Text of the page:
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TAKE ACTION: Fill Out the S.A. Climate Ready Survey

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Hearing from those most at risk from extreme weather is critical to developing effective local climate change policies.

Maria Turvin | Yanawana Herbolarios

On Monday, August 9, UN Secretary-General António Guterres declared a “code red” for humanity due to worsening global warming conditions, as captured in the most recent report by the Intergovernmental Panel on Climate Change. Across the United States, we are witnessing unprecedented heatwaves, droughts, extreme storms, and winter events. On the frontlines of the onslaught of climate change impacts are communities in historically under-served areas with outdated infrastructure and limited access to critical services—disproportionately poor and working-class communities of color.

Our response team saw firsthand during Winter Storm Uri that these communities suffered first and worst during extreme weather events. As our street medics and disaster response team worked quickly to get houseless relatives into shelter before the impending storm, we became increasingly aware of the extreme danger our relatives were in. And in the weeks that followed our fears for their health and safety were confirmed as we saw a number of extreme weather-related health injuries. Through partnership with other mutual-aid organizations, we scrambled to help housed relatives as well, who found themselves in incredibly vulnerable situations due to the failure of outdated infrastructure ill-suited to the ever-increasing challenges of climate change events.

Though Uri was an unprecedented event, it is one that will become increasingly commonplace as extreme weather events increase in frequency and intensity. Whatever our neighborhood or background, then, we are in a state of climate emergency as a community. Likewise, it is critical that we come together as a community—on an individual, neighborhood, city, state, and national level—to share our experiences, ideas, and resources as we work together to implement desperately needed change before we are past the point of no return.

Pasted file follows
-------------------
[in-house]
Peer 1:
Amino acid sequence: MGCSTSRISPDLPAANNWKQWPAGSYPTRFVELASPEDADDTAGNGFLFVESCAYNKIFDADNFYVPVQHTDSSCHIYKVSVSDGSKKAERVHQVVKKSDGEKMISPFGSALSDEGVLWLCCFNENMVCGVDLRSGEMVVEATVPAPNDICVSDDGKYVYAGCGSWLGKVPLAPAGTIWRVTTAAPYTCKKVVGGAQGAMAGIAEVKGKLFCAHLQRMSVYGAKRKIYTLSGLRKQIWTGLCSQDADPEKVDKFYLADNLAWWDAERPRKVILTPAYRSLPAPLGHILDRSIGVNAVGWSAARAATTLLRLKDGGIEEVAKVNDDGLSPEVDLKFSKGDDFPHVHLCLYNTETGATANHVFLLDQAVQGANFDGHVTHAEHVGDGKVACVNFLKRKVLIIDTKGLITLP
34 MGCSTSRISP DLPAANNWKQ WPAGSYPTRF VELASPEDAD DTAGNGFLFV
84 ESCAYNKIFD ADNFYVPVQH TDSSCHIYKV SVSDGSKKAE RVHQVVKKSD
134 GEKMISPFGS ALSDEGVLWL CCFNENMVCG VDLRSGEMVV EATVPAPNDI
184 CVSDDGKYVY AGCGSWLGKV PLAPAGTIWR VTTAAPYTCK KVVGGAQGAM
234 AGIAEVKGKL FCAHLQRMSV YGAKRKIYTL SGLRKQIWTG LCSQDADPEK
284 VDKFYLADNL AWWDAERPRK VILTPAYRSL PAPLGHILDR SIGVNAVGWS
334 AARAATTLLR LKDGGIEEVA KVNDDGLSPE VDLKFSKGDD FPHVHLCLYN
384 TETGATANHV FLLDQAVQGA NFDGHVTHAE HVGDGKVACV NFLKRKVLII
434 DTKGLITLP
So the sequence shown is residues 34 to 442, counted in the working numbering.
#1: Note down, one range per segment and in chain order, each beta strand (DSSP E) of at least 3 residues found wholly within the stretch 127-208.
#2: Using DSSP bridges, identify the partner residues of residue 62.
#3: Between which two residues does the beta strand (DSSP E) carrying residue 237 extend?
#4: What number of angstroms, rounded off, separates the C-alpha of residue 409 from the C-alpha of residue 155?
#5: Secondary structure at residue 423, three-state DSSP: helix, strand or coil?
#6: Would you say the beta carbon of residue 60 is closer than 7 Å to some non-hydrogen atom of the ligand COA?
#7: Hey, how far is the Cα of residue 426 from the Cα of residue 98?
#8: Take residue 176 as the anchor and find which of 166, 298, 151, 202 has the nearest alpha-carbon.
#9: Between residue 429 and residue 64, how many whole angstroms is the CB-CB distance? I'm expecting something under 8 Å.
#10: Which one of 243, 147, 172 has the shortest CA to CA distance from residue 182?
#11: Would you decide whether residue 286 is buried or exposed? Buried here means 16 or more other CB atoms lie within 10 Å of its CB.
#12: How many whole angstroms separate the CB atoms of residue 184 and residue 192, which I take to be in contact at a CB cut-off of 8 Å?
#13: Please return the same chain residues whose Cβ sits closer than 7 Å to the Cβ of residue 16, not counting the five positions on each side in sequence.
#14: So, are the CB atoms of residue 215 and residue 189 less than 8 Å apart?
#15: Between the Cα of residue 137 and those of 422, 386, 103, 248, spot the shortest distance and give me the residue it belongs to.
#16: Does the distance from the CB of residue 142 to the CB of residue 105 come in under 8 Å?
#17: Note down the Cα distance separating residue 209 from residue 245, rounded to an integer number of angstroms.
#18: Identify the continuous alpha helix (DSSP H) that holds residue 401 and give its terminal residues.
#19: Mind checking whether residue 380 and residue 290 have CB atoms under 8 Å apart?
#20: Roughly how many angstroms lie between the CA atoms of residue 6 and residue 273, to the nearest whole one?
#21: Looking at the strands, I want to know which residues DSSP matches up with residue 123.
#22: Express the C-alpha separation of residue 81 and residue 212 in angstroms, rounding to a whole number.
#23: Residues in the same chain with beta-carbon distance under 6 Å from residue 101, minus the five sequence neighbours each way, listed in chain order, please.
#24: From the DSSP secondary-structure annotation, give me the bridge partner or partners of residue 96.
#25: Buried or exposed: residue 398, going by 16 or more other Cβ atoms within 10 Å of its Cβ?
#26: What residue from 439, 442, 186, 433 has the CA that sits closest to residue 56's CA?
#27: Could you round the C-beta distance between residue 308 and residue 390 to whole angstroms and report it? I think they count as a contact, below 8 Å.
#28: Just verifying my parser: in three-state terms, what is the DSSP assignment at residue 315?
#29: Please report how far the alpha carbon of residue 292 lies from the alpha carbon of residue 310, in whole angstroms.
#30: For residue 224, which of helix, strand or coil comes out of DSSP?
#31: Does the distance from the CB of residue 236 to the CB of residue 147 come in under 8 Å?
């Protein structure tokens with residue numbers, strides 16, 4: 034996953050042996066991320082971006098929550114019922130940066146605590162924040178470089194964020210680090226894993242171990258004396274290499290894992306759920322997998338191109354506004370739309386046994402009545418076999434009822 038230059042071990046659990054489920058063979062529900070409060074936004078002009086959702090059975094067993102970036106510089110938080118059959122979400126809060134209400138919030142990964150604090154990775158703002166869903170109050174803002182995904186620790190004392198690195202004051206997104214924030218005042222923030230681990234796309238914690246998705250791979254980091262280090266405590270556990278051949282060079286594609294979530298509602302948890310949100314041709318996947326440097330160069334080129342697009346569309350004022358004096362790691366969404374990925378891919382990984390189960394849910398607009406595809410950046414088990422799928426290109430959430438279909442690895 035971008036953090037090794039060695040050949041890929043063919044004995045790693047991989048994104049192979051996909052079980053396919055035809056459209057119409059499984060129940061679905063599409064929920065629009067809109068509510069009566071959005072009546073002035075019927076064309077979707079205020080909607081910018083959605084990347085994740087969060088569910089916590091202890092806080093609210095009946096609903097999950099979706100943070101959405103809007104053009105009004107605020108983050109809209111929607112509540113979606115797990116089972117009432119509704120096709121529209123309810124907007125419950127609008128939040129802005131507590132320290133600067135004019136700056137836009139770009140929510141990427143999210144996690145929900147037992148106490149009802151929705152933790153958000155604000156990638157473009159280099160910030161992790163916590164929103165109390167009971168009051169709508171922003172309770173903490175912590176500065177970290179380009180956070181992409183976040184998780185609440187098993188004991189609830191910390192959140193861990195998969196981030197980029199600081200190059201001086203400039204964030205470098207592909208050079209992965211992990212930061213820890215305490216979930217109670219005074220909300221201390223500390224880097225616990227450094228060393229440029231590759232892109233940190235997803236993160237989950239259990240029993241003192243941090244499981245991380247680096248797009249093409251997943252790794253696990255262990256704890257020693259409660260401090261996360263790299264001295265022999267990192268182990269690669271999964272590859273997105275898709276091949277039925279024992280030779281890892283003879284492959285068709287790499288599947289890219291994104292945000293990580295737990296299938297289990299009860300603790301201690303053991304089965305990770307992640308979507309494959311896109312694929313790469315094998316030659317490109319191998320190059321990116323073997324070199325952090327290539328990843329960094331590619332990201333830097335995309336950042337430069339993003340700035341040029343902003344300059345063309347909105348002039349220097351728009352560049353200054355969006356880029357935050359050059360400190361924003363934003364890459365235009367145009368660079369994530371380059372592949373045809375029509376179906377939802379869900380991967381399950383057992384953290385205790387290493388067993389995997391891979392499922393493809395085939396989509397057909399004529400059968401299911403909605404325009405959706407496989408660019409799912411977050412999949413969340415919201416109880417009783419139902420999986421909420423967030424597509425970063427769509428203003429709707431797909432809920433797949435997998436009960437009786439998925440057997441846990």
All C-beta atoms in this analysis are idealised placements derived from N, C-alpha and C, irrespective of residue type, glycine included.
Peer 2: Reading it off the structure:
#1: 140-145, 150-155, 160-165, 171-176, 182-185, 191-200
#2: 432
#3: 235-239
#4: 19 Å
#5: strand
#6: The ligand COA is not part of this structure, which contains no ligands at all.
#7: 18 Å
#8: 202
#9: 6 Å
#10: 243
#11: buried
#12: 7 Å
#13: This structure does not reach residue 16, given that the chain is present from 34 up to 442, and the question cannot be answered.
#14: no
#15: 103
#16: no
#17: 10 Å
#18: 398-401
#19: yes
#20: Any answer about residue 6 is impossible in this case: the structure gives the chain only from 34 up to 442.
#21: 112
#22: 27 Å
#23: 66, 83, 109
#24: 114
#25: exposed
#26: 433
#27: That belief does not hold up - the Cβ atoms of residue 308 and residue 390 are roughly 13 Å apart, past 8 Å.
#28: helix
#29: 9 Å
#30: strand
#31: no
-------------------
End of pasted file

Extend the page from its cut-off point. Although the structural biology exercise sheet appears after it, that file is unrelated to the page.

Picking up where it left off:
Take the SA Climate Ready Survey HERE.

SA Climate Ready aims to prioritize the climate change-related needs of San Antonio residents, in particular those in historically underserved areas and communities.

To accomplish this, the San Antonio Office of Sustainability and Texas Creative ad agency have partnered with local grassroots groups serving target communities in the effort to gather critical data that will inform the City of San Antonio’s efforts.

As one of the organizations selected, Yanawana Herbolarios will be hosting a series of educational data-collecting events in addition to the release of an online survey. These community events will offer our neighborhoods the chance to gain ancestral knowledge and skills, to take the survey, and to participate in discussions that will ensure that COSA’s climate action priorities are grounded in the lived experience of residents. The survey will be available at all events and is also available online.

Those who participate in the survey will receive an email with the following downloads and other incentives:

  • Fortify Immune Support Syrup Recipe Digital Book;
  • Post-Disaster Preparedness Checklist for home and work;
  • How to build a customizable Post-Disaster First Aid Kit guide (for work and home);
  • How to build a Post-Disaster Preparedness kit for any scenario guide;
  • 25% coupon for any Fortify Commemorative products.

To learn more about the events, follow Yanawana Herbolarios on Facebook and Instagram. Also add the following dates to your calendar!

Coming Events

Sept 25, 2-6pm; Oct 9, 11am-3pm; Oct 23, 11am-3pm; Nov 20, 11am-3pm

@ Yanawana Herbolarios Headquarters (1003 Creekview Dr 78219)

Traditional healthcare, resilience skills, ancestral knowledge, local goods – a special SA Climate Change Sowing La Futura (garden/food security centered) interactive class will run 2x during the fair on the dates listed, children’s garden centered activities will also be available during the interactive class so that parents may freely participate

  • Interactive garden activity and climate change discussion

Oct 13, 11am-1pm

@ Our Lady of the Lady University (411 SW 24th St 78207), in the university gardens

  • Traditional Indigenous clay oven build; interactive climate change discussion

Oct 16 & 17, 11am-3pm

@ Yanawana Herbolarios Headquarters (1003 Creekview Dr 78219)

  • Rainwater catchment and filtration build; interactive climate change discussion

Nov 13 & 14, 11am-3pm

@ Yanawana Herbolarios Headquarters (1003 Creekview Dr 78219)

Hawk Mendoza, Land Steward with Yanawana Herbolarios, discussing Indigenous land management practices and the importance of pollinator plants at a class at the Estela Avery Education Center at Confluence Park. Image: Courtesy Yanawana Herbolarios

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Maria C Turvin is the Founder and Operations Director of Yanawana Herbolarios, an Indigenous and woman founded and led organization established in January 2016 to meet unaddressed needs in the areas of healthcare and preparedness amongst vulnerable communities of San Antonio TX, with a special focus on Indigenous, Black, Racialized, LGBTQ2s, working-class, and houseless communities.


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